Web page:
Tuesday, 3 March 2009



Neko Case follows in a long tradition of amazing US indie female songwriters. This talent comes coupled with a staunch and fresh appreciation for the country twang that mature and hip audiences appear to admire and desire these days. I’m not really quite sure why this is but certainly Neko Case fits into the pretense of being both a rough and wholesome example of this kind of spirit.

The Neko Case audience is not your traditional country fanbase. This is a more lefty and considered set of people, folk more inclined to be sympathetic to such a lady’s apparent plight. With this in mind it serves to make the audience easier to dupe, to cloud when proceedings become cheesy. In a way this record and the relationship between audience and listener is really quite patronizing on many levels.

From this is Throwing Muses without the chops at which point the question becomes: can the voice and lyrics carry this record? Not to my knowledge. Occasionally it sounds like Kristin Hersh fronting Mazzy Star which isn’t necessarily a promising thing.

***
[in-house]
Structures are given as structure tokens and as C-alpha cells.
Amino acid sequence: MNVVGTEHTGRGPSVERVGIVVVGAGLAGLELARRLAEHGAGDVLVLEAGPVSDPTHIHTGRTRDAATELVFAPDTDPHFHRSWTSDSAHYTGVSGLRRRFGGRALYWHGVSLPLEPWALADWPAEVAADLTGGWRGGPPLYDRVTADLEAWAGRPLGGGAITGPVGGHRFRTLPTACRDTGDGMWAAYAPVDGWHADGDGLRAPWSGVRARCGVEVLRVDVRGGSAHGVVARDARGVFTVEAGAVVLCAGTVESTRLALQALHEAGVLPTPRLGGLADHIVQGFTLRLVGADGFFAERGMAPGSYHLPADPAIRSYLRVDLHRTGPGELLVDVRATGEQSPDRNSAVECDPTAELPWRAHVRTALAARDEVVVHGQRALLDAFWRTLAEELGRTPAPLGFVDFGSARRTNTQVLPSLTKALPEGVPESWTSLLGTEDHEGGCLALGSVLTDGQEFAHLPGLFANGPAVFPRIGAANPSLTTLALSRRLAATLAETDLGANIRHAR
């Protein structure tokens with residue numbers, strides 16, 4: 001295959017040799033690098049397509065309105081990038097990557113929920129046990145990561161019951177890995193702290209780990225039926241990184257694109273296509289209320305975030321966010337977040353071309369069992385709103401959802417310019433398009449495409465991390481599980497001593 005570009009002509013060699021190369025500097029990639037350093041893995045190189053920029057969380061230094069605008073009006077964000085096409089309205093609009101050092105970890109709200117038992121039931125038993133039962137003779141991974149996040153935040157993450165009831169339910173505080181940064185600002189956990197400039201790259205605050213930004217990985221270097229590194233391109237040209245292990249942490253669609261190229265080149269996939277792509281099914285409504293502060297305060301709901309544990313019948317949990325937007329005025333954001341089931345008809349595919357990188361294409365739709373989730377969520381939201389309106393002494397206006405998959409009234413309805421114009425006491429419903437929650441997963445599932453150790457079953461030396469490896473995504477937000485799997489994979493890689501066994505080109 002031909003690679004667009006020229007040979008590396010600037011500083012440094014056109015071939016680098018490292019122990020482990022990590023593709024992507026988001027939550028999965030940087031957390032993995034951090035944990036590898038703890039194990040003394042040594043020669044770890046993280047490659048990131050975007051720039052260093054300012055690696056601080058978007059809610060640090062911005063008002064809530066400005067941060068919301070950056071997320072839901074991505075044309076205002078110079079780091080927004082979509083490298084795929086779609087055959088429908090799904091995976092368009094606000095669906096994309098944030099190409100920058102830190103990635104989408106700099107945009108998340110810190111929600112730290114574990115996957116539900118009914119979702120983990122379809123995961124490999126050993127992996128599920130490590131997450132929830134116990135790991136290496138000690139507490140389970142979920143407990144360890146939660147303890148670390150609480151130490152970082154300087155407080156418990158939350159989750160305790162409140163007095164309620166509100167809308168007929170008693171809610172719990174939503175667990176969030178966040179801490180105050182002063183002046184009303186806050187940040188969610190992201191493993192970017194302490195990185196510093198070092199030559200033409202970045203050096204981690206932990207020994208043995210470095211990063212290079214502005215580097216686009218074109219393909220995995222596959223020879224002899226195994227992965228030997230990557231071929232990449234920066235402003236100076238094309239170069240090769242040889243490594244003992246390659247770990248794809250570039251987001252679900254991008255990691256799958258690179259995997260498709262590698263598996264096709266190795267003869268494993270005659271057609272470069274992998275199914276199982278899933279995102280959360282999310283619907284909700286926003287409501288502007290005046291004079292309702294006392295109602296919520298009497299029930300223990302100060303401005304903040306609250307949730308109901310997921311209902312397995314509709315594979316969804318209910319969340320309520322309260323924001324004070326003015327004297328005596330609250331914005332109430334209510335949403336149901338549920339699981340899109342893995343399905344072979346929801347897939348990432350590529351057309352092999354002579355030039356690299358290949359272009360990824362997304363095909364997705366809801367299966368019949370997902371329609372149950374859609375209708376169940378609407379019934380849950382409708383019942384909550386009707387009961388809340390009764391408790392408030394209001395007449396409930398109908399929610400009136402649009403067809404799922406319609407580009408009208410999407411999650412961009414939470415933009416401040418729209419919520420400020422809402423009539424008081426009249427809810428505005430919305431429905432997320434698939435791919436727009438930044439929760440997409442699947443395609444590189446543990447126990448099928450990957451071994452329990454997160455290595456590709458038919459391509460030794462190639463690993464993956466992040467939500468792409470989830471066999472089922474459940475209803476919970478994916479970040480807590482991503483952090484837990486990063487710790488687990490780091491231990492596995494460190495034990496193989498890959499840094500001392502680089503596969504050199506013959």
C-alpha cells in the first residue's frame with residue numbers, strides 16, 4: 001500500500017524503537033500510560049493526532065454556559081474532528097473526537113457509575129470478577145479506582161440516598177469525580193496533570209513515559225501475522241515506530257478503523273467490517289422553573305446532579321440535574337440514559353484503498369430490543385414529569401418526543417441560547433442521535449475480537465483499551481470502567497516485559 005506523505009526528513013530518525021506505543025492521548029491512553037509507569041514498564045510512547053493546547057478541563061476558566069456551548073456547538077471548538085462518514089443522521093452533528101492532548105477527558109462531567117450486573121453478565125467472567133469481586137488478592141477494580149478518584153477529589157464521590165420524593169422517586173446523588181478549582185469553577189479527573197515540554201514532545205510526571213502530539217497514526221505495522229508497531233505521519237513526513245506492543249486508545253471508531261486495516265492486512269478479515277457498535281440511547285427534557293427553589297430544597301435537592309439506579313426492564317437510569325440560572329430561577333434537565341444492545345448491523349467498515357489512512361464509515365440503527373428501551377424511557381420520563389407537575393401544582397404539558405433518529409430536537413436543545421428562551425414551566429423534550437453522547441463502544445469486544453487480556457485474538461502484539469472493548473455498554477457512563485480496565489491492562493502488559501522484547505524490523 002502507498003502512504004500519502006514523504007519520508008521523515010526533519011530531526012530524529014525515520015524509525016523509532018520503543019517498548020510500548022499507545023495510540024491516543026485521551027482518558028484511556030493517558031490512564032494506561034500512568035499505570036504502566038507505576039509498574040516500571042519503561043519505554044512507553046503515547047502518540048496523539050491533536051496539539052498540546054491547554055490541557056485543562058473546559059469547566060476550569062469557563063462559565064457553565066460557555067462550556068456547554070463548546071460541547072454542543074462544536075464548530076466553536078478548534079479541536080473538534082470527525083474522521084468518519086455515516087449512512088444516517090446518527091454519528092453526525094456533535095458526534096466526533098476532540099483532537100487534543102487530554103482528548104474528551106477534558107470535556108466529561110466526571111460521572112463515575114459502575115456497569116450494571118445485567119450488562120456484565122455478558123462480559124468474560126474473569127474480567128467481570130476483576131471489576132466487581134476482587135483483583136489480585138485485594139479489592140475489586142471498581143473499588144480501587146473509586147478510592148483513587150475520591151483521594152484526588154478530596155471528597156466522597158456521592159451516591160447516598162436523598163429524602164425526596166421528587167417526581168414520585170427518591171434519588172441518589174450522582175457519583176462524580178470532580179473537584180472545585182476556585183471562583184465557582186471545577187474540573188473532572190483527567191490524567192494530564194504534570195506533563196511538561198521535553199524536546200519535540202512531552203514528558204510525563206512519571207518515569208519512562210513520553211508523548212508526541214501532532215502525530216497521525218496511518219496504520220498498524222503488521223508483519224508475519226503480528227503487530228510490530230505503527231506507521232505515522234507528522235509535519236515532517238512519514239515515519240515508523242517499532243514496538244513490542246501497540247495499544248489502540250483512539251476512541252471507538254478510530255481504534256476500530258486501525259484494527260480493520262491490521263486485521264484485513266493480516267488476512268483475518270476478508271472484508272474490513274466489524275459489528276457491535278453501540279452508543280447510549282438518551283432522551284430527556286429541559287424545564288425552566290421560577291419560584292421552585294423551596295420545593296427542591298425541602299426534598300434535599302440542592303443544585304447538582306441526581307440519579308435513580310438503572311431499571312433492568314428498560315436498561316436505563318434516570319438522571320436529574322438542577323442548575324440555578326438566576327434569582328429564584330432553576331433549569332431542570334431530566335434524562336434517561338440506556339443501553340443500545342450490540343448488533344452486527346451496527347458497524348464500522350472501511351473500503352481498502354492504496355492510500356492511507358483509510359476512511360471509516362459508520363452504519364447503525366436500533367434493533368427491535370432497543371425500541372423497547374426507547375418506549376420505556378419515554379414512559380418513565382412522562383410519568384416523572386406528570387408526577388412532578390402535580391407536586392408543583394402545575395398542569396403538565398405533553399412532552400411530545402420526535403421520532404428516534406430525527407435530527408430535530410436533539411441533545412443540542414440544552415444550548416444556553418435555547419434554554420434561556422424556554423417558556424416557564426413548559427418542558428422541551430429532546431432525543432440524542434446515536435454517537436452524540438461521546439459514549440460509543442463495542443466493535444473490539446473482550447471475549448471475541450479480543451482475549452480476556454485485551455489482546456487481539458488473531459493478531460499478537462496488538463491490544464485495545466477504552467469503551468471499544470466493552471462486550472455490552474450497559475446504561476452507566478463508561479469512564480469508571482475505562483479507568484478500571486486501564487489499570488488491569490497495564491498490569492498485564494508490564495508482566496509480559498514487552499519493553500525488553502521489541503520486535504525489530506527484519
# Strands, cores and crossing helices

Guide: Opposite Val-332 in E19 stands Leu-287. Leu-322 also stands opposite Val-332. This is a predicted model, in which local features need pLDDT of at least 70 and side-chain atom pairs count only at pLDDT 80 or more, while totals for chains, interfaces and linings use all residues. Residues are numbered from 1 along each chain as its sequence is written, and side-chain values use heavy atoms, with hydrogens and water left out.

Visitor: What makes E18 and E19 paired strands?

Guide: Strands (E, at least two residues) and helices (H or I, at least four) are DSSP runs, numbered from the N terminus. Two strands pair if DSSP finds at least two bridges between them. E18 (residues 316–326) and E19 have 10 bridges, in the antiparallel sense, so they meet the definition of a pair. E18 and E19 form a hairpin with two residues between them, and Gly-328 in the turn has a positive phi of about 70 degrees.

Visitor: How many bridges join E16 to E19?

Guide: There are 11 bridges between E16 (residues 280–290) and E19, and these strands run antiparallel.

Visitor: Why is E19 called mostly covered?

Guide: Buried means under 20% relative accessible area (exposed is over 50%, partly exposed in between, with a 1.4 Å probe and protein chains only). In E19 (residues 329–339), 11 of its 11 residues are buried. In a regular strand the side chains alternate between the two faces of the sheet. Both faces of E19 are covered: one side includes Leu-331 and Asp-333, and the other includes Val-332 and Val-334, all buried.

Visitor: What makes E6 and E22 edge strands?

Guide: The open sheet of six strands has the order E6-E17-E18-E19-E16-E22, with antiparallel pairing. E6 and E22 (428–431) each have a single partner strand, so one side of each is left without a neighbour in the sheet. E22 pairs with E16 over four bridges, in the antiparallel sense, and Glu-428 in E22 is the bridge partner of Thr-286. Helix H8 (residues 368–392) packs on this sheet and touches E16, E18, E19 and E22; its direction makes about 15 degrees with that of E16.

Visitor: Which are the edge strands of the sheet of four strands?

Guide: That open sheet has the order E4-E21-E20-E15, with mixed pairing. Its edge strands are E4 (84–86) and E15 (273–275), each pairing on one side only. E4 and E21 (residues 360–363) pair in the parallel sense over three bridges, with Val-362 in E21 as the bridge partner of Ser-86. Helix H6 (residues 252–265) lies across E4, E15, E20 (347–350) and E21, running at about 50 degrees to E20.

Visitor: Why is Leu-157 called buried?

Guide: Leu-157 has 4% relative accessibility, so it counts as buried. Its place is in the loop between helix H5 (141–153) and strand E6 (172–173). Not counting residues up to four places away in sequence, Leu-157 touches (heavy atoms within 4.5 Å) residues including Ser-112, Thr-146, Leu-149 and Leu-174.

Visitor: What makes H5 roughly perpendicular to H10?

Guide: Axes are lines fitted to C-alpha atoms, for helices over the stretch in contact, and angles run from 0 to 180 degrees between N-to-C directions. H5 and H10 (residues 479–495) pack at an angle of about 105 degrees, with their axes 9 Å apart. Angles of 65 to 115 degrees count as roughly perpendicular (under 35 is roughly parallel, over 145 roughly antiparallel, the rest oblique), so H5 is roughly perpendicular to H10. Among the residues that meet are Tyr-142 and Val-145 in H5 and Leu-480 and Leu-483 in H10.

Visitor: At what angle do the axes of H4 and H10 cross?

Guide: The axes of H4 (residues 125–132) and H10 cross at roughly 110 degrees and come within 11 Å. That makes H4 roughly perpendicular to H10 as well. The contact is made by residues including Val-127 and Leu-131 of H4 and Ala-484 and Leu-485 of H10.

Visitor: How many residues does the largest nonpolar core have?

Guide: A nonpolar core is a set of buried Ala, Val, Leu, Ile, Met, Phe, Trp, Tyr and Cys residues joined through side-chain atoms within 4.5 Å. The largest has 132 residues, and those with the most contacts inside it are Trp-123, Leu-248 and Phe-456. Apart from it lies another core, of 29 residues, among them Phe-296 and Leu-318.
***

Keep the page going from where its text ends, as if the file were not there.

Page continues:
There appears to be two forces tugging at this record and these are the desire of directions. One is country and the other is indie. Both are worlds inhabited by oddballs but one is structured towards existing in a green belt while the other a grey belt. As the majority of the listenership exists in the latter but yearns the former it all becomes something of an effort it would seem to keep everybody happy.

For some reason I keep labouring the fact of the audience. I just can’t get with how country music has seeped into alternative rock in recent times. I don’t think they make for good bedfellows and often they seldom have more in common that just being performed and listened to by middle class white people (some might say the educated). Why should I take exception to this? I just find snobbish, a gesture towards exclusivity.

Back to the music and with “Prison Girls” a true moment of greatness is hatched in the most beautiful and emotive of songs singing of a pained and convincing existing that culminates in a sense of realistic resignation, acceptance and grudgingly attained beauty. If only the rest of the record had sounded like this. There is an infuriating inconsistency attached to this album.

Sometimes you cannot force yourself to like a record that you were destined to hate.

Thesaurus moment: trailer.

Neko Case

No comments: